Aug 07, 2015 - 9:00am

Did Congress Already Forget the OPM Hack?


Senior Director, Strategic Communications

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CISA Vote
Illustration by U.S. Chamber of Commerce Graphics

The White House clearly hasn’t forgotten about the cyberattack that struck the federal Office of Personnel Management. Late last week, facing mounting pressure to respond to the theft of millions of federal workers’ personal information, the Obama administration announced plans to retaliate against China, the alleged culprit behind the attack.

Has Congress forgotten about the breach, though?

It’s a question that should be asked after the Senate this week elected not to take up the Cybersecurity Information Sharing Act (CISA), which would protect companies that share information about data breaches and other cybersecurity-related experiences with both government officials and other companies. Such legislation is necessary, experts say, to help the public and private sector strengthen their defenses against future attacks.

Like its counterparts in the House, CISA would "help companies achieve timely and actionable situational awareness to improve the business community's and the nation's detection, mitigation, and response capabilities,”  Bruce Josten, the U.S. Chamber of Commerce’s executive vice president for government affairs, wrote recently.

Added Matthew Eggers, the Chamber's senior director for national security and emergency preparedness: “Businesses need legal certainty that they have safe harbor against frivolous lawsuits and regulatory, public disclosure, and antitrust matters when voluntarily sharing and receiving threat indicators and defensive measures in real time.”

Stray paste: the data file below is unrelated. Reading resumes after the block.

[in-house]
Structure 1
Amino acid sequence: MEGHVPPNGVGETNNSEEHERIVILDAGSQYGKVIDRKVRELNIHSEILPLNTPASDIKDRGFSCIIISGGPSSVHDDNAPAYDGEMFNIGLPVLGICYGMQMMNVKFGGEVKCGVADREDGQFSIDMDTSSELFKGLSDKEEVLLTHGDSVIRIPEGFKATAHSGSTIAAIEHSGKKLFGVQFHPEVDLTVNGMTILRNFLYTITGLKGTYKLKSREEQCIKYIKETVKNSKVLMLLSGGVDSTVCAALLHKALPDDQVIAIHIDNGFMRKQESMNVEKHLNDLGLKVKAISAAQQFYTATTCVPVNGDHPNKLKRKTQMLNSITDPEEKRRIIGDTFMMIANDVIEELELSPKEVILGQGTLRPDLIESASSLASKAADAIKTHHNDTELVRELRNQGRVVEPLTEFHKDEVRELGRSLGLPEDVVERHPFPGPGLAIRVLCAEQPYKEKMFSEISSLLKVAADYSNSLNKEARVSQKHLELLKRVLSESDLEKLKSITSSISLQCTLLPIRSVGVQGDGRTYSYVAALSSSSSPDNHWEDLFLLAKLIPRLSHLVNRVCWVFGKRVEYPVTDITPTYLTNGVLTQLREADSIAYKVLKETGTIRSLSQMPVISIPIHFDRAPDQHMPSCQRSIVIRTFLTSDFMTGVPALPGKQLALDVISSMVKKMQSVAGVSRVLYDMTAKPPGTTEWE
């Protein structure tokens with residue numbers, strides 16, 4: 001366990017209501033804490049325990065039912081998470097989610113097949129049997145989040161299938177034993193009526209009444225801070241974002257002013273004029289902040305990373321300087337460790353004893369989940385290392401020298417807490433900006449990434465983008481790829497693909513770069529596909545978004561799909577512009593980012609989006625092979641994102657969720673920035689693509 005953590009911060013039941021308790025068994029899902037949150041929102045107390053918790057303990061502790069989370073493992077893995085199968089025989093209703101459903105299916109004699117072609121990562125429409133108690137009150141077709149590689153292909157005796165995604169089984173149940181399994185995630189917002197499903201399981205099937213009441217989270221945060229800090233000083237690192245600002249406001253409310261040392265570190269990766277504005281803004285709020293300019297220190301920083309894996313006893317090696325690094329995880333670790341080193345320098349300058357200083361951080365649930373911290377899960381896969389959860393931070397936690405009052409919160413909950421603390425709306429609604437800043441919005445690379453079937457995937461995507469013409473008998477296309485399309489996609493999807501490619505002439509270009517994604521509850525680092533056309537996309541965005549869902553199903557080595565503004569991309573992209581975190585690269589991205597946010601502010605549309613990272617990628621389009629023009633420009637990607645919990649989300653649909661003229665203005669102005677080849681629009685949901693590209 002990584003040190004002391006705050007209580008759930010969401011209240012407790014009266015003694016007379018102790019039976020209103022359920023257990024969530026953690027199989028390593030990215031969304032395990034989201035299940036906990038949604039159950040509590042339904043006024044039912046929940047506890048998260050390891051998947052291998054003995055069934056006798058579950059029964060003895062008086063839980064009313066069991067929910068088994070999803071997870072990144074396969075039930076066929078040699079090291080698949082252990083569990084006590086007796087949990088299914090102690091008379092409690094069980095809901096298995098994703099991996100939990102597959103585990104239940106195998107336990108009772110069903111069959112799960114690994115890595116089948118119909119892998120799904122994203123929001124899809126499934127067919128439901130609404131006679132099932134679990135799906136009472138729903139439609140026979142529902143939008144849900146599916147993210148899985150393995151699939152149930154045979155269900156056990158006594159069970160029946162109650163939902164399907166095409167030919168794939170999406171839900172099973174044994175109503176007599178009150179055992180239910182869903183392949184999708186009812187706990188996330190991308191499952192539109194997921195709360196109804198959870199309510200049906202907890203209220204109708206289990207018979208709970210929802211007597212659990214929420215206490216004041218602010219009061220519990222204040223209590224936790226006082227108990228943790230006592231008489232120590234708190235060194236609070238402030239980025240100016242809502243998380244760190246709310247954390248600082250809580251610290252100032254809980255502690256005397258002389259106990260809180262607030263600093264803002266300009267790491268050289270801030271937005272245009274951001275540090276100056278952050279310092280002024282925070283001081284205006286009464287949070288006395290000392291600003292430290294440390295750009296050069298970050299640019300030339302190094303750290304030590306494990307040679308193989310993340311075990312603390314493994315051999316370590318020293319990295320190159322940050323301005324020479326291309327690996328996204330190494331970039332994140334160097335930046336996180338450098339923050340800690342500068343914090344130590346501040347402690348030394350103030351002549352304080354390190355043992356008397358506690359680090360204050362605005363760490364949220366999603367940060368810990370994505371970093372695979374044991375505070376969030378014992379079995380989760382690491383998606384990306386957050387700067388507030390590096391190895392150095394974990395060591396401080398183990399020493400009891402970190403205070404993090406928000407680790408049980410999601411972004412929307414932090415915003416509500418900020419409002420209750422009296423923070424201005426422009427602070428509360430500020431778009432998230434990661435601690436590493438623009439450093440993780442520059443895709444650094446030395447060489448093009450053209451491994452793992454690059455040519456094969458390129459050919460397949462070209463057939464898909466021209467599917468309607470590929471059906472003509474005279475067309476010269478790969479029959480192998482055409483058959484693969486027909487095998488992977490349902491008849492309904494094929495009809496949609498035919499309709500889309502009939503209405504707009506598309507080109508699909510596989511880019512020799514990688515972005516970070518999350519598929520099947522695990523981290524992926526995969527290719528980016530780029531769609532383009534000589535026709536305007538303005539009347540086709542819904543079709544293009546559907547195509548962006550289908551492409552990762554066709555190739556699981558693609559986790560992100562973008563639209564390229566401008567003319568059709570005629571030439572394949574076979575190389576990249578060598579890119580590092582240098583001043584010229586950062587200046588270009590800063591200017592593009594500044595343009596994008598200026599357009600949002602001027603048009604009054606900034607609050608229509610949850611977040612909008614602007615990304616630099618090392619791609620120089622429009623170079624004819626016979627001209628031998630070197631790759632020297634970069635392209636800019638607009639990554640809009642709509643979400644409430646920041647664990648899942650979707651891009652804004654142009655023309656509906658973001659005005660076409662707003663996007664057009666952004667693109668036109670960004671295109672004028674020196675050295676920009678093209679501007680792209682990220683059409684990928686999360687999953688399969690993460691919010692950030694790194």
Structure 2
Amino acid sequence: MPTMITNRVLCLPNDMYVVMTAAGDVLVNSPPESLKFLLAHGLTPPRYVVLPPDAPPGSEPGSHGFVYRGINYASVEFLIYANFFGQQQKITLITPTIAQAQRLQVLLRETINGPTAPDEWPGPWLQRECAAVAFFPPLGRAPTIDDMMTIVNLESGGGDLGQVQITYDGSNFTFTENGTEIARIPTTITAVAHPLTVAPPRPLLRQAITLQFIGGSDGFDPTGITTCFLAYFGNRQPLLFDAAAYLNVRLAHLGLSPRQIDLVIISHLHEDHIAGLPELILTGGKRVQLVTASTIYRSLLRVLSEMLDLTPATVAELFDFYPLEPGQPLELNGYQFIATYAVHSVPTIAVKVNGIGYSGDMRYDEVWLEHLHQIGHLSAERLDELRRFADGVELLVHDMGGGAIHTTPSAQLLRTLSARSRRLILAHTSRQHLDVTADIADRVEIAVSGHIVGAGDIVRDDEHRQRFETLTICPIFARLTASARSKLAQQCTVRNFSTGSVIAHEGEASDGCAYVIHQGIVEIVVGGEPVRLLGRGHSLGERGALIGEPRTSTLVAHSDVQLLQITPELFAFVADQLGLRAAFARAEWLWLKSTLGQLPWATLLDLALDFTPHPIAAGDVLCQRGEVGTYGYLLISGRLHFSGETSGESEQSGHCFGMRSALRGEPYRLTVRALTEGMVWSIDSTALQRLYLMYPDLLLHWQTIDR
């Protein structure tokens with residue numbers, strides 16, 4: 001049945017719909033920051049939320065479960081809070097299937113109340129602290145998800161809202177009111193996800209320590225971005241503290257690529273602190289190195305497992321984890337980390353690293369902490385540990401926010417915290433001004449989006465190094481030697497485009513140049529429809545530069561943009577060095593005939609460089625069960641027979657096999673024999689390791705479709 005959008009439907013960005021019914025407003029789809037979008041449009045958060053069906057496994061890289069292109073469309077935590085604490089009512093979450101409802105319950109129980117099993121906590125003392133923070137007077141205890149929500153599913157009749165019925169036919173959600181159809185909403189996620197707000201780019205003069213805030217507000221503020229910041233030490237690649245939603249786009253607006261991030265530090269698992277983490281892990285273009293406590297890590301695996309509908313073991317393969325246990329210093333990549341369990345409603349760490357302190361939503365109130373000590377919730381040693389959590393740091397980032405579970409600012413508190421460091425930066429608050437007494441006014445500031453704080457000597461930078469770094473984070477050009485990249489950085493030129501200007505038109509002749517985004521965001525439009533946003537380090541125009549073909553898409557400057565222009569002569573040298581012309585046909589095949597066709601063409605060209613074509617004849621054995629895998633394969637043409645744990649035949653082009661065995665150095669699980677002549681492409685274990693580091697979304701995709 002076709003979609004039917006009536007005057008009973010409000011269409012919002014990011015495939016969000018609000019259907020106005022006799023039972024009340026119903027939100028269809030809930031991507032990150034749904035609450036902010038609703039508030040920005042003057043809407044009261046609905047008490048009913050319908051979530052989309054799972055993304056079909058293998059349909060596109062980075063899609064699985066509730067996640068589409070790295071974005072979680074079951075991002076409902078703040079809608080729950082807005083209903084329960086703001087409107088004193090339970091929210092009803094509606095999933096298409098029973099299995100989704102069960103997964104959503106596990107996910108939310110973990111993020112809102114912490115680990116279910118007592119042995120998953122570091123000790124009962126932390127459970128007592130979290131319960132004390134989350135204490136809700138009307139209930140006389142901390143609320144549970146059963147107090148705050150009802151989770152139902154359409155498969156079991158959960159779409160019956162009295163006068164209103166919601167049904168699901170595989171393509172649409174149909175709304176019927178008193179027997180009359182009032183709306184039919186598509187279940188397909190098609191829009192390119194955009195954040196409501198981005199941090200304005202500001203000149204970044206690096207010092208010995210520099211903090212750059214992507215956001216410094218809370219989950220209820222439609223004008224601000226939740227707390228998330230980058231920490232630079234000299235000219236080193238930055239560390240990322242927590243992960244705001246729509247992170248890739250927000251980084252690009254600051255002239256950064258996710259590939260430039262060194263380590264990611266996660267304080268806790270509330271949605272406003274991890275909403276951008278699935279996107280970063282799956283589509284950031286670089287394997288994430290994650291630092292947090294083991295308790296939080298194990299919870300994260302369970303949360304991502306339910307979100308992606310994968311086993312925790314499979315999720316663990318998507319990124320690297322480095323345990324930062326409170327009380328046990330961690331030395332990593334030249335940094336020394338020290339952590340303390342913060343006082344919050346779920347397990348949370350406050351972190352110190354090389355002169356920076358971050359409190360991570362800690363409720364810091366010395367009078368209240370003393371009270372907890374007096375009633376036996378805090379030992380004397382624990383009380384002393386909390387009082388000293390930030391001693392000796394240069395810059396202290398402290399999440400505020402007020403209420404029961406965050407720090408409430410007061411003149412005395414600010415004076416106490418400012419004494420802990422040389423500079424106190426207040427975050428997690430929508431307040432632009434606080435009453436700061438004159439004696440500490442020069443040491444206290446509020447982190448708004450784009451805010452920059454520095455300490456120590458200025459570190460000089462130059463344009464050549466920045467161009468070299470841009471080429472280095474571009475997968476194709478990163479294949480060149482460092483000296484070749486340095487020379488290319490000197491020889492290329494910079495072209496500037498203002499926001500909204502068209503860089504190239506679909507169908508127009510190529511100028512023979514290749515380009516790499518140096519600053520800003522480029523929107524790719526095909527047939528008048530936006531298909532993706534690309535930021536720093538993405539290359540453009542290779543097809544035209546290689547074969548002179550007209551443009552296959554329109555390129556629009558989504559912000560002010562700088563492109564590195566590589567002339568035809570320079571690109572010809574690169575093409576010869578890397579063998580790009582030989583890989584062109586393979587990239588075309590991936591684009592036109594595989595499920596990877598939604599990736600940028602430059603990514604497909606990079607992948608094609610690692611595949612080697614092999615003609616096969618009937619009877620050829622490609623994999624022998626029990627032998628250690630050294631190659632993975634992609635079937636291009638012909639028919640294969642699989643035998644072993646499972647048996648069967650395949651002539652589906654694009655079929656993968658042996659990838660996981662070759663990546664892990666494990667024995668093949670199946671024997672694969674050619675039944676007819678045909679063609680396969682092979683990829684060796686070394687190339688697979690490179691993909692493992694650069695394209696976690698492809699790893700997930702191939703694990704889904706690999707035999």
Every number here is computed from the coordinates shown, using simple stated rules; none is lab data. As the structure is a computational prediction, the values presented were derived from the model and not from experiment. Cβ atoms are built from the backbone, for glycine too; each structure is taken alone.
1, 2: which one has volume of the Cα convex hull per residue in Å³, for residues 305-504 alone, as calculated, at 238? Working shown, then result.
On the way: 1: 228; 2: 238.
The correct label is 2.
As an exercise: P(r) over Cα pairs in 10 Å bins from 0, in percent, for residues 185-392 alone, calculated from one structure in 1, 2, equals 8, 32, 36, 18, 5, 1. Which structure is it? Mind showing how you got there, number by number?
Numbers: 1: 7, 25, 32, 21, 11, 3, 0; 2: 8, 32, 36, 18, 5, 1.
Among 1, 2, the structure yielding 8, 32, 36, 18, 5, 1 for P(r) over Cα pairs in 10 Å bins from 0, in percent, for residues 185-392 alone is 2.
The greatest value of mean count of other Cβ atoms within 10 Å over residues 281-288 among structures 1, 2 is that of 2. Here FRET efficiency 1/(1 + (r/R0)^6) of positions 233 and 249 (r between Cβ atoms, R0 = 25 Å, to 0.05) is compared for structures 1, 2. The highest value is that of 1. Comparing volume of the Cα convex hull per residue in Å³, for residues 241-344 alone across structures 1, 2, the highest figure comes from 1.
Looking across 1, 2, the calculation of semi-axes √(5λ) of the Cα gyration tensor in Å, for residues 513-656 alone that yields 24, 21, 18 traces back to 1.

Why is that so important? Look no further than the OPM attack.

“The digital tools, tactics, and procedures that the alleged Chinese hackers used to gain access to approximately 4 million federal employees' personal information need to be made both actionable and put into the hands of security professionals, so they can swiftly implement measures to guard the sensitive data and devices they manage,” Eggers says.

In other words, if we don’t understand what happened, we can’t learn from our mistakes. And if we don’t learn from mistakes, we can expect to see more attacks in the future.

“Sophisticated criminal gangs as well as malicious actors in China, Iran, North Korea, and Russia (or their proxies) should not be allowed to put people's sensitive information at risk of abuse,” Eggers wrote following news of the attack earlier this summer. “Their actions can be restricted -- if not prevented -- through improved information sharing.”

The White House, which has backed CISA, hasn’t forgotten the OPM attack. Nor, we’re willing to bet, have the tens of millions of workers whose information was stolen.

It’s important that their representatives in Congress don’t forget either.

Tell Congress to protect America's Cyber Networks

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About the Author

About the Author

J.D. Harrison
Senior Director, Strategic Communications

J.D. Harrison is the senior director for strategic communications at the U.S. Chamber of Commerce.

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